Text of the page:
Author: John L. O'Sullivan
37. "The light which we have gained, was given us, not to be ever staring on, but by it to discover onward things more remote from our knowledge. It is not the unfrocking of a priest, the unmitering of a bishop, and the removing hum from the Presbyterian shoulders that will make us a happy nation; no, if other things as great in the Church, and in the rule of life both economical and political, be not looked into and reformed, we have looked so long upon the blaze that Zwinglius and Calvin have beaconed up to us, that we are stark blind."
Author: John Milton
38. "In moments Akiva was up in the ether, scarcely feeling the sting of ice crystals in the thin air. He let his glamour fall away, and his wings were like sheets of fire sweeping the black of the heavens. He moved at speed, onward toward another human city to find another doorway bitter with the devil's magic, and after that another, until all bore the black handprint....Once all the doors were marked, the end would begin. And it would begin with fire."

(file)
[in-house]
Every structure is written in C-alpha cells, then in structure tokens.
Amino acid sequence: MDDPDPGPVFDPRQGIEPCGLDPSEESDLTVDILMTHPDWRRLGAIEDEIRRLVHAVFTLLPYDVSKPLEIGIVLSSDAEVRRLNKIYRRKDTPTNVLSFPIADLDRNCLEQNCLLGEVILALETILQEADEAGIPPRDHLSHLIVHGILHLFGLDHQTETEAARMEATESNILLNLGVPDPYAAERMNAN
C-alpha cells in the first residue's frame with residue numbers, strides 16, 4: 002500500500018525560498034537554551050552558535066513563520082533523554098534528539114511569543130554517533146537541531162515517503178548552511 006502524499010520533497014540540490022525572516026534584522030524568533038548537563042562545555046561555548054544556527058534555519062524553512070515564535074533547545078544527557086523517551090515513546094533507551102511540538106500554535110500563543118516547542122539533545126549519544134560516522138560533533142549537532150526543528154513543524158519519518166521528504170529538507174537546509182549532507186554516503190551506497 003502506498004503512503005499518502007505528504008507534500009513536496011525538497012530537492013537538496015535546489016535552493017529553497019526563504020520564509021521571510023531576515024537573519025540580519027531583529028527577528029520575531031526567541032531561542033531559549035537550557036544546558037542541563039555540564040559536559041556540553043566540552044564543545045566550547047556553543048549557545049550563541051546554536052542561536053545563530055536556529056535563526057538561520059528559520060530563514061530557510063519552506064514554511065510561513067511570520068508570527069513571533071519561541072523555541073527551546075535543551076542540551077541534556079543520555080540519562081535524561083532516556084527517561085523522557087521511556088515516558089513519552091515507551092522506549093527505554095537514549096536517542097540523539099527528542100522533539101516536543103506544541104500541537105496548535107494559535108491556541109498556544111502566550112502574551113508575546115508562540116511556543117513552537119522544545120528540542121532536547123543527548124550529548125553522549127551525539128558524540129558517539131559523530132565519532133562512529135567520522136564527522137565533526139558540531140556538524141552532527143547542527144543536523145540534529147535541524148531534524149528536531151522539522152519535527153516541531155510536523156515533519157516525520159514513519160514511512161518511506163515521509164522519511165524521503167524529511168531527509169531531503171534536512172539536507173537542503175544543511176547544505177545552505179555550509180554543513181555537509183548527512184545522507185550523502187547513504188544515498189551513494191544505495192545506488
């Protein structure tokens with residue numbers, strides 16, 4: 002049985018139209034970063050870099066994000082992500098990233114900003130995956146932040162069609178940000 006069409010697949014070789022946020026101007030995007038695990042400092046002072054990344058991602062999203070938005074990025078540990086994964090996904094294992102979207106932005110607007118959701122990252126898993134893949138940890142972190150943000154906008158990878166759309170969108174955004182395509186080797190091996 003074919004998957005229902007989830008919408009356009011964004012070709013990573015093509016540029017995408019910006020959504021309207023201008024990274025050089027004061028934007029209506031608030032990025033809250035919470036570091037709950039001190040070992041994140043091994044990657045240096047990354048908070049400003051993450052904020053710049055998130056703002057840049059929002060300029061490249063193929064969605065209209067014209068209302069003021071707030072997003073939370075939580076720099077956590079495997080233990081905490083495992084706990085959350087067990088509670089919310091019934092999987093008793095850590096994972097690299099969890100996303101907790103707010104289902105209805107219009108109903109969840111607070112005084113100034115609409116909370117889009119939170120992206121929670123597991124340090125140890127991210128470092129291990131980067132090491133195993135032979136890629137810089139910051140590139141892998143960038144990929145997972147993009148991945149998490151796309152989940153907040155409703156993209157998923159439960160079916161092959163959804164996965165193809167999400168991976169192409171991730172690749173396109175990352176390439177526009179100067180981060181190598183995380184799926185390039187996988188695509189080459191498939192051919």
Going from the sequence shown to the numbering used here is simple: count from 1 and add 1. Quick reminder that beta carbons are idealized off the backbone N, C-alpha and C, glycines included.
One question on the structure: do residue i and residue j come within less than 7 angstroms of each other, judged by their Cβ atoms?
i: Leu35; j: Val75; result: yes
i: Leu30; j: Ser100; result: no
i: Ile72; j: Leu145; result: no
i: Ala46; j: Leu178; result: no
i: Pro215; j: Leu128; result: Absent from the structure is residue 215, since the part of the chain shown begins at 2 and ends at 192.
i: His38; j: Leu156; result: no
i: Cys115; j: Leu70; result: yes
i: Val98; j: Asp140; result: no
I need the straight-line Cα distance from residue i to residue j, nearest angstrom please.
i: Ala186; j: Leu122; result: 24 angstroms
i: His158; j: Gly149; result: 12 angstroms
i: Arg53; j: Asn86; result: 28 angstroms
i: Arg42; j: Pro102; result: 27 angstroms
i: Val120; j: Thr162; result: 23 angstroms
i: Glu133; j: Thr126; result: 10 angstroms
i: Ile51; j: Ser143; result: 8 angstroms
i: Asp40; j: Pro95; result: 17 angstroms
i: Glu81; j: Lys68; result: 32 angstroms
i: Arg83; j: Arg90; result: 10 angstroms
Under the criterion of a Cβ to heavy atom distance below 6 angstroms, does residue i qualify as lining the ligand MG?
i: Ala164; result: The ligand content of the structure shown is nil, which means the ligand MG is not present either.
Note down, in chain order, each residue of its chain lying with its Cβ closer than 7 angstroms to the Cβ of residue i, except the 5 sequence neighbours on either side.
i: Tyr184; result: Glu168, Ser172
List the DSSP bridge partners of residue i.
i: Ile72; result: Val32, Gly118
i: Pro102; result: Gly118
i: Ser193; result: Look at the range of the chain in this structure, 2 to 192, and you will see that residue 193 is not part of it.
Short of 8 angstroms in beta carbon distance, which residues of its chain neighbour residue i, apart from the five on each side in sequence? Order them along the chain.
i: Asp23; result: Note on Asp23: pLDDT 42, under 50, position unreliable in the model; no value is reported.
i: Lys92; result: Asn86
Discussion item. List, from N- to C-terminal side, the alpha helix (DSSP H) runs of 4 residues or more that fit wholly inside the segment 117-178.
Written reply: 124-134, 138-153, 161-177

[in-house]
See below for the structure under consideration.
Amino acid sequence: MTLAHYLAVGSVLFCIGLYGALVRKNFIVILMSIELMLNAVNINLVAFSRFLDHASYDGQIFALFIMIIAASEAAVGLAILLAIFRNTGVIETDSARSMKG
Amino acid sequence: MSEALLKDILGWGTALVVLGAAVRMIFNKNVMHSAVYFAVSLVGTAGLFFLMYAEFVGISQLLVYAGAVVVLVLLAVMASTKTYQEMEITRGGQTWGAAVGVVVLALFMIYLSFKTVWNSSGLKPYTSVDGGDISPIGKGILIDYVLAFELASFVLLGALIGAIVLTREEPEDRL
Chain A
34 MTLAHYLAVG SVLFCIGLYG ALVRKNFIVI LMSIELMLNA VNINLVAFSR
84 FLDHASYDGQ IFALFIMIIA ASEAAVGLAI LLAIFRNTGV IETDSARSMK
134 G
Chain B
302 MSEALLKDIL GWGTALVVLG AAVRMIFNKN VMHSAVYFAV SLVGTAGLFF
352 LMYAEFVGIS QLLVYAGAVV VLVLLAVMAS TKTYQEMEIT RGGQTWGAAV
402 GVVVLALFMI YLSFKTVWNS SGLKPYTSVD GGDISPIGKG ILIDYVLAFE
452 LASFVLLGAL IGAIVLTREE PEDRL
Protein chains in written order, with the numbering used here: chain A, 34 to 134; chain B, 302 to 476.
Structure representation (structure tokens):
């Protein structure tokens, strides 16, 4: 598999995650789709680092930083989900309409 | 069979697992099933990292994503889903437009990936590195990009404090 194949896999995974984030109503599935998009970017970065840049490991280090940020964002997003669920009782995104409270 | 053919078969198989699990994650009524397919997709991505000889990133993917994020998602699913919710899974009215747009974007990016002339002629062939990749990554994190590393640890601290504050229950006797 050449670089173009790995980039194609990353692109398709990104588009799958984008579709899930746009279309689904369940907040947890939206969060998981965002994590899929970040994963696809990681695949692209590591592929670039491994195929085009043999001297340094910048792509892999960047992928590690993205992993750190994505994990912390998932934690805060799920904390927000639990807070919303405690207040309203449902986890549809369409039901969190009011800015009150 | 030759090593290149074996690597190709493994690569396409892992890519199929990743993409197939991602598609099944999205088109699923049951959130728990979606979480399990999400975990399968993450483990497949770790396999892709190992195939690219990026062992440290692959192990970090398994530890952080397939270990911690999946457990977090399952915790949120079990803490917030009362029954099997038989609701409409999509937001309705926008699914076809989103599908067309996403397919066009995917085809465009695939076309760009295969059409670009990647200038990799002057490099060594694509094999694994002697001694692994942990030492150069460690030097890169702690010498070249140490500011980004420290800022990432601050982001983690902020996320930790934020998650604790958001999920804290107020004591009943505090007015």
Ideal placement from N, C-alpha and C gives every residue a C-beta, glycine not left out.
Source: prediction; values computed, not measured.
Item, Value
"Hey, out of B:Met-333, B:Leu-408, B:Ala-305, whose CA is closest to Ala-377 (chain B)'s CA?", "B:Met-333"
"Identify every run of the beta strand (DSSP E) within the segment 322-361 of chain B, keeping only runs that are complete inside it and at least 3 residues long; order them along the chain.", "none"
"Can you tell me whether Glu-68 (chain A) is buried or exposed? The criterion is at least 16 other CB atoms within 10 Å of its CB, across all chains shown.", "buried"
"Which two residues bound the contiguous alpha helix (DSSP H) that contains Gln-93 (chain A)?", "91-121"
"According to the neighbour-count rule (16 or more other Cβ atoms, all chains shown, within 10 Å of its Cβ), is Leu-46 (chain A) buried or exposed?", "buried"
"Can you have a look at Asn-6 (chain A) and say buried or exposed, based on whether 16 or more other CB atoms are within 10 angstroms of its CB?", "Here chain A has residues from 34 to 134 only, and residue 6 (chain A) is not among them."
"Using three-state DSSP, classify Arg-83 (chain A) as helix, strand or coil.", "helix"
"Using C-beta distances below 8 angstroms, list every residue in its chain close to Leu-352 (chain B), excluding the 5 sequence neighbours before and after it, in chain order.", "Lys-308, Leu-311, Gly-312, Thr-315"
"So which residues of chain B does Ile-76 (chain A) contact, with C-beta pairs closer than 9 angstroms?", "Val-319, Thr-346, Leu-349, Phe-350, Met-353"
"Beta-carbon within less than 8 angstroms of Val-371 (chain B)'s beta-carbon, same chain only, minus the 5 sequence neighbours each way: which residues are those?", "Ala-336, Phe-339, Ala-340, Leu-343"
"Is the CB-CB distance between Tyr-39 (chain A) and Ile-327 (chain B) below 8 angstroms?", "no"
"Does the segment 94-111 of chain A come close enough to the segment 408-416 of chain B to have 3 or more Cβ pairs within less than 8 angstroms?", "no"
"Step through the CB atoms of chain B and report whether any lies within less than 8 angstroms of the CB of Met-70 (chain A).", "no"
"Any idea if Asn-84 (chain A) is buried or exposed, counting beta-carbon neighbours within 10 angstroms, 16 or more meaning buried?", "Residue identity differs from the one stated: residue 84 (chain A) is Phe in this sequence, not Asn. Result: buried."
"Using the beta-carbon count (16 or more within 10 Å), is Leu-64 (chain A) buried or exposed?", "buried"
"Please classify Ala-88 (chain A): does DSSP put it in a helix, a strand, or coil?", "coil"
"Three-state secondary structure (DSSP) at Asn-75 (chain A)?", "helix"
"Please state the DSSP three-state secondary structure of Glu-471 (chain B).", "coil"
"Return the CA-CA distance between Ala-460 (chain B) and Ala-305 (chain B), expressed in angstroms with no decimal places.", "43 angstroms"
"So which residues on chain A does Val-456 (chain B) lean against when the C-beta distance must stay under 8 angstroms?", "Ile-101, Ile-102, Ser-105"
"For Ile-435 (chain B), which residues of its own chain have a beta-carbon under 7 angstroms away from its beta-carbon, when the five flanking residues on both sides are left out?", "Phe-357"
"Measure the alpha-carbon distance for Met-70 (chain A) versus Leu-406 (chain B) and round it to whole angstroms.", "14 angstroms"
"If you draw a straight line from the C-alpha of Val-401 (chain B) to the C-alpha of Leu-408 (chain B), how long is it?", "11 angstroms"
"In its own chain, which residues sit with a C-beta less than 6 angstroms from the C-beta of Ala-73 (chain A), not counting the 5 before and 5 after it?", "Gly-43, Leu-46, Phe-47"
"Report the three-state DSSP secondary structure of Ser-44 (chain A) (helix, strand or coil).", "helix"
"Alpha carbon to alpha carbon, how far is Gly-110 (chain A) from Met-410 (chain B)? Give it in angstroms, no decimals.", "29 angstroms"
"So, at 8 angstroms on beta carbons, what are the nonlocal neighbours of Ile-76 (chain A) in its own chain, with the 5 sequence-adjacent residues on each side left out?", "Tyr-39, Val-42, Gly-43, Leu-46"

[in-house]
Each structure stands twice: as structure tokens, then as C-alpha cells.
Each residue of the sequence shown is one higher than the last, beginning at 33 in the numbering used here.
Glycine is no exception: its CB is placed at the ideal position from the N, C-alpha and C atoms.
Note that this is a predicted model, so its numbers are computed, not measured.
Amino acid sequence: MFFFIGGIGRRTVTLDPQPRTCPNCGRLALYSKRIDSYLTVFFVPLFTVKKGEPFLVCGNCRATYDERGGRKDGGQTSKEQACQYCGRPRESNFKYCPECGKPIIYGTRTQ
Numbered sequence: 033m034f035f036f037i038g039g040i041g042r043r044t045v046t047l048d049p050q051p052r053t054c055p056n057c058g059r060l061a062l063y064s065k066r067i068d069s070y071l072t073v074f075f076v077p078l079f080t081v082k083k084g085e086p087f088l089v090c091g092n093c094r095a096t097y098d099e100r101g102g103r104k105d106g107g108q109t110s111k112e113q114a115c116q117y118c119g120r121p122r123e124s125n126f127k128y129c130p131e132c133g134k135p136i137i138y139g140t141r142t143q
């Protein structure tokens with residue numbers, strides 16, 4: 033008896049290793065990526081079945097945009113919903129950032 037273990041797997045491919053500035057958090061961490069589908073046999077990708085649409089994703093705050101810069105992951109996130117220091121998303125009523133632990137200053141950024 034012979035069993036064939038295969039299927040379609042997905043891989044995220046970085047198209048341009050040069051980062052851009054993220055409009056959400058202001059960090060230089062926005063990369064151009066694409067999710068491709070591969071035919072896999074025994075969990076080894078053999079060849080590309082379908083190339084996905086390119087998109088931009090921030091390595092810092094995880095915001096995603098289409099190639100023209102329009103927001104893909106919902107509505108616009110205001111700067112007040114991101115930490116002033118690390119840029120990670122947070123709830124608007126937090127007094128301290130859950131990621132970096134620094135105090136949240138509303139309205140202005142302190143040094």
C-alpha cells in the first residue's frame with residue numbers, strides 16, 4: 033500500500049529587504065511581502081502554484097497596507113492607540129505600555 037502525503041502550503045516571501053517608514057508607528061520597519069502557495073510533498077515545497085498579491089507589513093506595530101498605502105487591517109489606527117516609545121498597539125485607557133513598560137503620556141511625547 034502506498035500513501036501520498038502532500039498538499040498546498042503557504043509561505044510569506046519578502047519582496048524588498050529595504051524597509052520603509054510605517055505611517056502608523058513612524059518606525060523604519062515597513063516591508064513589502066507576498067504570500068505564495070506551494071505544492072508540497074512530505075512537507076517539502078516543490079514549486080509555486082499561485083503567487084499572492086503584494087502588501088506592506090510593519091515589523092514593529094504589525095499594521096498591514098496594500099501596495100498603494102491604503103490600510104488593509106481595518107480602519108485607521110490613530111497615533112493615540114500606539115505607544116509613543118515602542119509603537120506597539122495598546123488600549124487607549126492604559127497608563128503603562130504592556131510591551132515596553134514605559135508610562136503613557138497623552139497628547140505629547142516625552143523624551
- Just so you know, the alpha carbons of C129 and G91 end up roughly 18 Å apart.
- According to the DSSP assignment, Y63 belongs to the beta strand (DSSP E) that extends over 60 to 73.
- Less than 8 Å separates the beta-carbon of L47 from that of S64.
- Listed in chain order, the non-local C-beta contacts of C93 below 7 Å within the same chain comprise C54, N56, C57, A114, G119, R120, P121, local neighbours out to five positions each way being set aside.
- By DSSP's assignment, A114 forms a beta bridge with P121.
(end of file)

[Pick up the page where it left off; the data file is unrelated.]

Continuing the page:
Author: Laini Taylor
39. "Suddenly the clouds seem high above us. They're moving over us in an arch, circling the planet. They have seen abysmal oceans and charred, scorched islands. They have seen how we destroyed the world. If I could see everything, as the clouds do, would I swirl around this remaining continent, still so full of color and life and seasons, wanting to protect it? Or would I just laugh at the futility of it all, and meander onward, down the earth's sloping atmosphere?"
Author: Lauren DeStefano
40. "Basically, when I went to school in Sri Lanka from age five onward, the classes there were sometimes sorted into a hierarchy of your skin tone. So the fairer-skinned kids sat at the front row, and the darker-skinned kids sat at the back by the poor ones who played out in the street all day long."
Author: M.I.A.